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The 12 Days of Christmas Facts and Folklore

Cheryl enjoys writing about the first Christmas and all things related to the season.


The time frame

The 12 days of Christmas do not lead up to the winter holiday as many have believed over the decades. They actually begin on December 25 and end on January 6 when Epiphany is observed. This is the occasion to celebrate the Wise men finding the Christ child. (Matthew chapter 2). There is a lot of folklore regarding the popular song The 12 days of Christmas, but Goodhousekeeping has done a great job of sorting out fact from fiction. Over the decades it has been said that the 12 days each have religious significance. This was not so when the tune was first penned but evolved over the years. The first known appearance of the song in print was in the English children's book Mirth Without Mischief which was published in 1780. In this version, the "four “ calling” birds were four “ Colly” birds. Colly is Old English slang which means blackbirds, In another older version of the Christmas song, the partridge in a pear tree is replaced with a “very pretty peacock upon a pear tree". The classic holiday song that we sing today was penned in 1909, by British composer Frederic Austin. It is believed that the song began as a memory game where you had to forfeit something if you missed a verse. It sounds like they really had fun with this tune in those early days.

The 12 days and what they mean

Some find this song to be annoying but others love it. Each day of the twelve has some fantastic events taking place. Here is.a list for those who do not know the song by heart. I grew up singing this almost every year in elementary school and it has stuck with me all these decades later.

12. Drummers drumming

11. Pipers piping

10, Lords a leaping

9. Ladies dancing

8. Maids a milking

7. Swans a swimming

6.Geese a laying

5. Golden rings

4. Calling birds

3. French hens

2. turtle divest

1. A partridge in a pear tree

Within the world of believers in Christ, there are those who teach that the song was actually a secret code for persecuted Christians. which does fact checks says there is no evidence to back this up, but still many consider it to be true. I look at it this way. People who do not accept Jesus as Lord partake in the celebration of the day His birth is observed and leave Him out of it. Why can't His followers take a song that was not originally regarding His word and make it all about Him?


Enjoy yourself

In the Christian theory, the partridge is Christ, in the manger. The 2 Turtle Doves represent the Old and New Testaments and the 3 French hens are Faith, Hope, and Charity. The 4 calling birds are the gospels of Matthew, Mark, Luke, and John and the 5 gold rings are the Pentatook, the first 5 books of the Bible.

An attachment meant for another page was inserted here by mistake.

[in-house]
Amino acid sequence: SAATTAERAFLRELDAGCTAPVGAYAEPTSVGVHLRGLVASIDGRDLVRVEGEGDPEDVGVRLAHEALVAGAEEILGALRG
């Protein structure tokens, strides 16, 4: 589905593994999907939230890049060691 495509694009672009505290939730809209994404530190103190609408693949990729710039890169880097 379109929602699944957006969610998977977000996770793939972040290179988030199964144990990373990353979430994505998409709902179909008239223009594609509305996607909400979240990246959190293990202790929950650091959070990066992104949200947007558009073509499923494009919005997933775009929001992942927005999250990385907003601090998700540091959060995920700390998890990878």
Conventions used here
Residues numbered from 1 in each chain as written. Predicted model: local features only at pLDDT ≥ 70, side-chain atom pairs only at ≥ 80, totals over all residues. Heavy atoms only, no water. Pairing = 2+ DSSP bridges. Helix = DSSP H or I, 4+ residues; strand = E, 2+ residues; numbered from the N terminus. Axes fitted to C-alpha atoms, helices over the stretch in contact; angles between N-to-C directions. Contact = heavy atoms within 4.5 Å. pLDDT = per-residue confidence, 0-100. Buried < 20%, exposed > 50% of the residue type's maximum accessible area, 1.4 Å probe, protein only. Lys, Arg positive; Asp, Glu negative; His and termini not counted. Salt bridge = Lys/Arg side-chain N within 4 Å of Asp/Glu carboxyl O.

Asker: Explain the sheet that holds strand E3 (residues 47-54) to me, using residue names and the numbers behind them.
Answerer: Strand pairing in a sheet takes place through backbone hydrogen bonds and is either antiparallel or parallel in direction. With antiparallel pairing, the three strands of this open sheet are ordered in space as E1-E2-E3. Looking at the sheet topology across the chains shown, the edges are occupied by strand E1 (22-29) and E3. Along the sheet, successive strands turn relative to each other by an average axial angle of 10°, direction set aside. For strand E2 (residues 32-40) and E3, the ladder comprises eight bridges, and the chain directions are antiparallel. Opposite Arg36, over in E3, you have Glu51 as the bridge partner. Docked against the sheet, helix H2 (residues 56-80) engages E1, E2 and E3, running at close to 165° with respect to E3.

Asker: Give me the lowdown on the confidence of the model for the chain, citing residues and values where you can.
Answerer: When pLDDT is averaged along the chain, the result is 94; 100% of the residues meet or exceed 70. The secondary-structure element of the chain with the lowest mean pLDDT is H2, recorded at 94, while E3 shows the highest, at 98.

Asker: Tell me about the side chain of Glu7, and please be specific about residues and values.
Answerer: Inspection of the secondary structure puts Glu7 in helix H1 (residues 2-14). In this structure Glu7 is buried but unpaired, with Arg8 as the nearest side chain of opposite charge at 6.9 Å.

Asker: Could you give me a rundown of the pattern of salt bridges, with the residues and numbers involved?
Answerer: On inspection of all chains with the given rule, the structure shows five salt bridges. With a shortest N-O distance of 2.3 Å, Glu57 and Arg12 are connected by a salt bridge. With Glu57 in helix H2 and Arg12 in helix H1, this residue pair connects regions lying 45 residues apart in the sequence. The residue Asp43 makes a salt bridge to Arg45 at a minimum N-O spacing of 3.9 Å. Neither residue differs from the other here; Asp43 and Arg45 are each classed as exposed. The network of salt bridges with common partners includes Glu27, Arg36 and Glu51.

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The 6 Geese a-laying allude to the six days of creation. The 7 Swans represent the seven gifts of the Holy Spirit, and the 8 milking maids are the eight beatitudes. The 9 Ladies Dancing are the nine fruits of the Holy Spirit. The 10 leaping Lords are the ten commandments. The 11 Pipers are the eleven faithful apostles,(minus Judas who betrayed the Lord), and the 12 Drummers are the twelve points of doctrine in the Apostle’s Creed.This sounds encouraging for those who celebrate the religious context of Christmas and someone obviously put a lot of time into reconciling the song with the Bible even if there is no validation that this is accurate.

In our modern times, people often sing the 12 days of Christmas at holiday celebrations. There was a time when school children learned the song and sang it in the classroom or pageants or plays. There have been television programs where characters changed the lyrics and put their own doing on the lyrics. I was unable to find any on the Internet but I recall on the sitcom A Different World, the students replaced the partridge in a pear tree with “ bumping to an MC Hammer CD. Why not try putting your own spin on the song this year?

This content is accurate and true to the best of the author’s knowledge and is not meant to substitute for formal and individualized advice from a qualified professional.

© 2020 Cheryl E Preston


Cheryl E Preston (author) from Roanoke on December 01, 2020:

I think its fun

Sp Greaney from Ireland on December 01, 2020:

You have totally made me look at this song in a new way. I enjoy listening to it as well.

BRENDA ARLEDGE from Washington Court House on December 01, 2020:


This is a great article.

I have always heard and often sang this song in my past.

In all my years I have never known about this breakdown of each part.

I really enjoyed reading and learning what each part of the song represents the turtle doves meaning the two testaments.

OLUSEGUN from NIGERIA on December 01, 2020:

Good one.

Ann Carr from SW England on December 01, 2020:

Yes, we used to sing a lot too and I loved it! Children like lists and it's fun to remember which ones are where. Some versions here still use 'Colly' birds. Hope you don't mind my saying this, but I think you have a typo in the list, at number 1 Turtle doves! Easily done!

Lovely hub, getting us into the spirit of Christmas.


Pamela Oglesby from Sunny Florida on December 01, 2020:

I grew up singing this song in elementary school also. I enjoyed reading this article.

Umesh Chandra Bhatt from Kharghar, Navi Mumbai, India on November 30, 2020:

Interesting article. Well presented.

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